Skylon – Sci-advent – Day 2


skylonThe image shows the flow of hot air passing through the piping in a cooler for a new engine that is able to lower the temperature of the air lower than -140C in just 1/100th of a second.

The cooler is part of a new type of spaceplane engine demonstrated bye Reaction Engines Ltd (REL), Oxfordshire. The company ran a series of tests on key elements of its Sabre propulsion system under the independent eye of the European Space Agency (Esa).

REL’s idea is for an 84m-long vehicle called Skylon that would do the job of a big rocket but operate like an airliner, taking off and landing at a conventional runway. The vehicle would burn a mixture of hydrogen and oxygen but in the low atmosphere the oxygen would be taken from the air, in the same way that a jet engine breathes air.

Taking its oxygen from the air in the initial flight phase would mean Skylon could fly lighter from the outset with a higher thrust-to-weight ratio, enabling it to make a single leap to orbit, rather than using and dumping propellant stages on the ascent – as is the case with current expendable rockets. A key element is the engine’s ability to manage the hot air entering its intakes at a high speed. These gases have to be cooled prior to being compressed and burnt with the onboard hydrogen.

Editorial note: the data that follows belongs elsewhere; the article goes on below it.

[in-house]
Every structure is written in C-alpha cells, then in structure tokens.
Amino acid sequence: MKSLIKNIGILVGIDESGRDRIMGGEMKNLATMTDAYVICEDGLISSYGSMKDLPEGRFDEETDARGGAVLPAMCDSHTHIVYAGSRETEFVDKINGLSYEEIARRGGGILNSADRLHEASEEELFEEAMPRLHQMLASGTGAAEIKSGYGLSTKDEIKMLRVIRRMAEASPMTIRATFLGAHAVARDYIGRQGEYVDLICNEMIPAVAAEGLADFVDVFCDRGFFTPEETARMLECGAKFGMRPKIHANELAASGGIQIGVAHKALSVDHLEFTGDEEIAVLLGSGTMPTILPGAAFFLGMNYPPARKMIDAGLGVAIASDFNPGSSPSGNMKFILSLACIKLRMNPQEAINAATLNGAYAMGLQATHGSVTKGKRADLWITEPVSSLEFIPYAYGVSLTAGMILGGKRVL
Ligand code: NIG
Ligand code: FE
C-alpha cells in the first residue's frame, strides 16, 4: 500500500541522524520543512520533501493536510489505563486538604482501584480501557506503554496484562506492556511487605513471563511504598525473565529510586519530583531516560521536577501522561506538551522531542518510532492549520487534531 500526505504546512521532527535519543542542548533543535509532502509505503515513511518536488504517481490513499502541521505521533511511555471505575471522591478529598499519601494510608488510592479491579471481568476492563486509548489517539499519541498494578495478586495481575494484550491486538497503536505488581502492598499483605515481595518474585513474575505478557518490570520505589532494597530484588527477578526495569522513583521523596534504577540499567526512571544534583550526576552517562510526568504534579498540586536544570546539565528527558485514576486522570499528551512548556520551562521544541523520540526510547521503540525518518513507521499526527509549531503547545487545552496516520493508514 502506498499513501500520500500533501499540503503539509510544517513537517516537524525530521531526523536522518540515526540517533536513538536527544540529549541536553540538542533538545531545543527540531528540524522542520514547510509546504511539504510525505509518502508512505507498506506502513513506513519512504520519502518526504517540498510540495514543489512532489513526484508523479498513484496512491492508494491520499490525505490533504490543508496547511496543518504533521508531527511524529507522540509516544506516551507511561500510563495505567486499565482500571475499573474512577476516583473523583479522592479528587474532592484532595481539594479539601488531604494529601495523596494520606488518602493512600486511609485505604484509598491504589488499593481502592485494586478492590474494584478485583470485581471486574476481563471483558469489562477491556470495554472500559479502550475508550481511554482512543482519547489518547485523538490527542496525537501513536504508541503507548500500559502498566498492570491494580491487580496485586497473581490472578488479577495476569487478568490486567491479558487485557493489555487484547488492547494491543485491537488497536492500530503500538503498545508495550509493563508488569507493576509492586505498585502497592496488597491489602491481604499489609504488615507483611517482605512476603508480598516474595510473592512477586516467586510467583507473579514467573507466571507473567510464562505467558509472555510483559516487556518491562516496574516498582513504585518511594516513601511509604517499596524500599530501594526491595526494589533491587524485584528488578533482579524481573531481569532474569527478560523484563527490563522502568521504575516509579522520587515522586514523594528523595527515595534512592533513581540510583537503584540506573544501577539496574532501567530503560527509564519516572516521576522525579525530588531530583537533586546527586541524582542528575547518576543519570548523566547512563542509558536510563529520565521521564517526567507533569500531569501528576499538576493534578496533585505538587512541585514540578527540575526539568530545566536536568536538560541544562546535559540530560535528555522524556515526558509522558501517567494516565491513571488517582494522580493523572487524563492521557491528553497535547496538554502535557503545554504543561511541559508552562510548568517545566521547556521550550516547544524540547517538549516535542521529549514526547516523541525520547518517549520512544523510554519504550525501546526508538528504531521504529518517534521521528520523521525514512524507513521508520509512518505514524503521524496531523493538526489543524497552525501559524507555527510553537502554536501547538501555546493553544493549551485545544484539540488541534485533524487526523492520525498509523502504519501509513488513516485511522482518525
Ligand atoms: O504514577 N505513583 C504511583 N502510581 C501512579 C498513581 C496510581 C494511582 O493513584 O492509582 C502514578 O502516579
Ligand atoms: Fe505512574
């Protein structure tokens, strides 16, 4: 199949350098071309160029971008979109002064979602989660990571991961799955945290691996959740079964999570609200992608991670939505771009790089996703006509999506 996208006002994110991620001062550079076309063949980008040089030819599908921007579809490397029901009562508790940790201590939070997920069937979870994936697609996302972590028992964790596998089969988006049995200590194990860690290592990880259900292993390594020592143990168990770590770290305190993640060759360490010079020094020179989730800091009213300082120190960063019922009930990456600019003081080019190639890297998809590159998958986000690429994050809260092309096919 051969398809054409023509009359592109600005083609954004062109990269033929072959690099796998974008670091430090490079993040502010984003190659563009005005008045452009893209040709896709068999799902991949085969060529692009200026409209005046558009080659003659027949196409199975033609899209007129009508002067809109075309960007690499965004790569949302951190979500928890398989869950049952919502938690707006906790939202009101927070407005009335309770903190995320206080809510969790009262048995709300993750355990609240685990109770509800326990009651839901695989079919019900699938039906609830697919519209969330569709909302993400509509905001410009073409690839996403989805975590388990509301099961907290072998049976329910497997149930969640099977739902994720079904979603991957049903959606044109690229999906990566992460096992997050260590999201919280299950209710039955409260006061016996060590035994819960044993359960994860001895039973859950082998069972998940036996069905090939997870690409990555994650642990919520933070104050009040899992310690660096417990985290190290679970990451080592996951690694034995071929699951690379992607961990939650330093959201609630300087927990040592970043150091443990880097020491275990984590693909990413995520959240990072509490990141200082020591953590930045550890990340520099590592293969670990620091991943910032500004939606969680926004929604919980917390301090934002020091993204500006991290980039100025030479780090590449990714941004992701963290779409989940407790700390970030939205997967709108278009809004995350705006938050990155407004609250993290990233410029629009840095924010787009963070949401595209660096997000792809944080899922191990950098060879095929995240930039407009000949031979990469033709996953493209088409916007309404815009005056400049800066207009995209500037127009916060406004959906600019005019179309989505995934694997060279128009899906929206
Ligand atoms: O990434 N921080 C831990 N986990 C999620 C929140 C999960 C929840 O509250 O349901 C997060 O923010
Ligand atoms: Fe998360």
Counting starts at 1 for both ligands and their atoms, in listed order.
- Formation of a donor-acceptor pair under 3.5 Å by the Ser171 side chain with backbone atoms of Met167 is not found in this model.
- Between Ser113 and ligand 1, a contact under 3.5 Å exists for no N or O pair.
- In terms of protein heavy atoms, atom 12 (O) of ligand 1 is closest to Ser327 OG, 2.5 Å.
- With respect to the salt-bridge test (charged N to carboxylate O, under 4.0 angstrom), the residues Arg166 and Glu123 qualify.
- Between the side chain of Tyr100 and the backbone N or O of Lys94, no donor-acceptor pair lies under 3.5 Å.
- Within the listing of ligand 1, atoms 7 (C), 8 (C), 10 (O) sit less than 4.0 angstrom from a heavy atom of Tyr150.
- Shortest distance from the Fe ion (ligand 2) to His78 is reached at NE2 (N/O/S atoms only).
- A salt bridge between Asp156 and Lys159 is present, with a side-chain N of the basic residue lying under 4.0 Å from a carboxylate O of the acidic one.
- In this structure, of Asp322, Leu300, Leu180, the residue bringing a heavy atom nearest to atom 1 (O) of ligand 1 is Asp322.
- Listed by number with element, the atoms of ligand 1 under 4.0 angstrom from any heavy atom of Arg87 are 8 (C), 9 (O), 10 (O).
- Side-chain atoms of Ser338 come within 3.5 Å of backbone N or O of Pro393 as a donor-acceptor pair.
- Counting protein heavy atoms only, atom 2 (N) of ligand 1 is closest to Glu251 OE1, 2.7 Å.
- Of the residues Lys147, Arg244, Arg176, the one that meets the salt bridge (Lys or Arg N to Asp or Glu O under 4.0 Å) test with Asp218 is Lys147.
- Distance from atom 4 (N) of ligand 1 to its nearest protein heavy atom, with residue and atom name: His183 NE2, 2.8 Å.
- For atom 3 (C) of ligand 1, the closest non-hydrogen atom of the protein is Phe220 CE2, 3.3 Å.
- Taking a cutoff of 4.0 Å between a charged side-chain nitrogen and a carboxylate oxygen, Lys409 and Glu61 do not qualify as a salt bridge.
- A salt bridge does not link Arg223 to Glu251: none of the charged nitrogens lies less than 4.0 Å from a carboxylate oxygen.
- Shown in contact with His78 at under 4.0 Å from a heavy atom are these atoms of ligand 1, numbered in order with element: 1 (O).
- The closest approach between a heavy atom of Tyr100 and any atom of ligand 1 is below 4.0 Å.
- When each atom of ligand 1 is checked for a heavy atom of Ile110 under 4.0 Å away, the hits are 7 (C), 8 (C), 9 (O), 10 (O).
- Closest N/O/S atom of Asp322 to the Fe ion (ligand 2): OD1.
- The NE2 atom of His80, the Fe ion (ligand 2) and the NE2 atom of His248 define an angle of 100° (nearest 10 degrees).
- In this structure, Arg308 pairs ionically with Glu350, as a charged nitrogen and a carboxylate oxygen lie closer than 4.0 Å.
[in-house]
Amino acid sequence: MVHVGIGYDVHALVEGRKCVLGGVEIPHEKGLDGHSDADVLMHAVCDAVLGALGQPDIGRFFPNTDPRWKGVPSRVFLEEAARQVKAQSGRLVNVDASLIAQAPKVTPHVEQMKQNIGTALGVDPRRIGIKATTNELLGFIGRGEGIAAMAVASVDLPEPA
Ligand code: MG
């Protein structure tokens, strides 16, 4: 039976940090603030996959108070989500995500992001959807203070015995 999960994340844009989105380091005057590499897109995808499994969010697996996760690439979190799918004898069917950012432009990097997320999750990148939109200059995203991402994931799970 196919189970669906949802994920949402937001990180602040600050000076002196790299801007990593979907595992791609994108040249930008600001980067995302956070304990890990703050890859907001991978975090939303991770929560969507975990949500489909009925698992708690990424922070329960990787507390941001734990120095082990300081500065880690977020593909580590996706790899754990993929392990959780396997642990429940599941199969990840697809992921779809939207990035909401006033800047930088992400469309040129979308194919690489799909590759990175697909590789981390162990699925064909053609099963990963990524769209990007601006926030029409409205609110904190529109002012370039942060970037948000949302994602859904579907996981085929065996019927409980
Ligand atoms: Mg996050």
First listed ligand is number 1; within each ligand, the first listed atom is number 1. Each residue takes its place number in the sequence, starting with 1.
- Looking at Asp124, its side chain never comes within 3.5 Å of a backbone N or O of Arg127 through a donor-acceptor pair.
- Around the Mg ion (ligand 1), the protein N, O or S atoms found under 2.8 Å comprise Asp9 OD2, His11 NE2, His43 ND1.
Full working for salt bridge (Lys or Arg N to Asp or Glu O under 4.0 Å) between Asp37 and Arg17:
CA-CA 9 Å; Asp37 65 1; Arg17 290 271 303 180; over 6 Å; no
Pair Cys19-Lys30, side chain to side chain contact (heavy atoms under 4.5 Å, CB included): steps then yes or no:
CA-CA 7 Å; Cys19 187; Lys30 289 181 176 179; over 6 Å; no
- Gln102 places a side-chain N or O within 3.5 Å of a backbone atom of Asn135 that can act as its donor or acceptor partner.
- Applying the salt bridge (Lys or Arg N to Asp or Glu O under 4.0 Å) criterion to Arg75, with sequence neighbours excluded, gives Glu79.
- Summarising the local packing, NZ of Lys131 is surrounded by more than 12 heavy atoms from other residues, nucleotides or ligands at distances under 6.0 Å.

REL’s solution is a module containing arrays of extremely fine piping that can extract the heat and plunge the inrushing air to about -140C in just 1/100th of a second. Ordinarily, the moisture in the air would be expected to freeze out rapidly, covering the piping in a blanket of frost and dislocating their operation.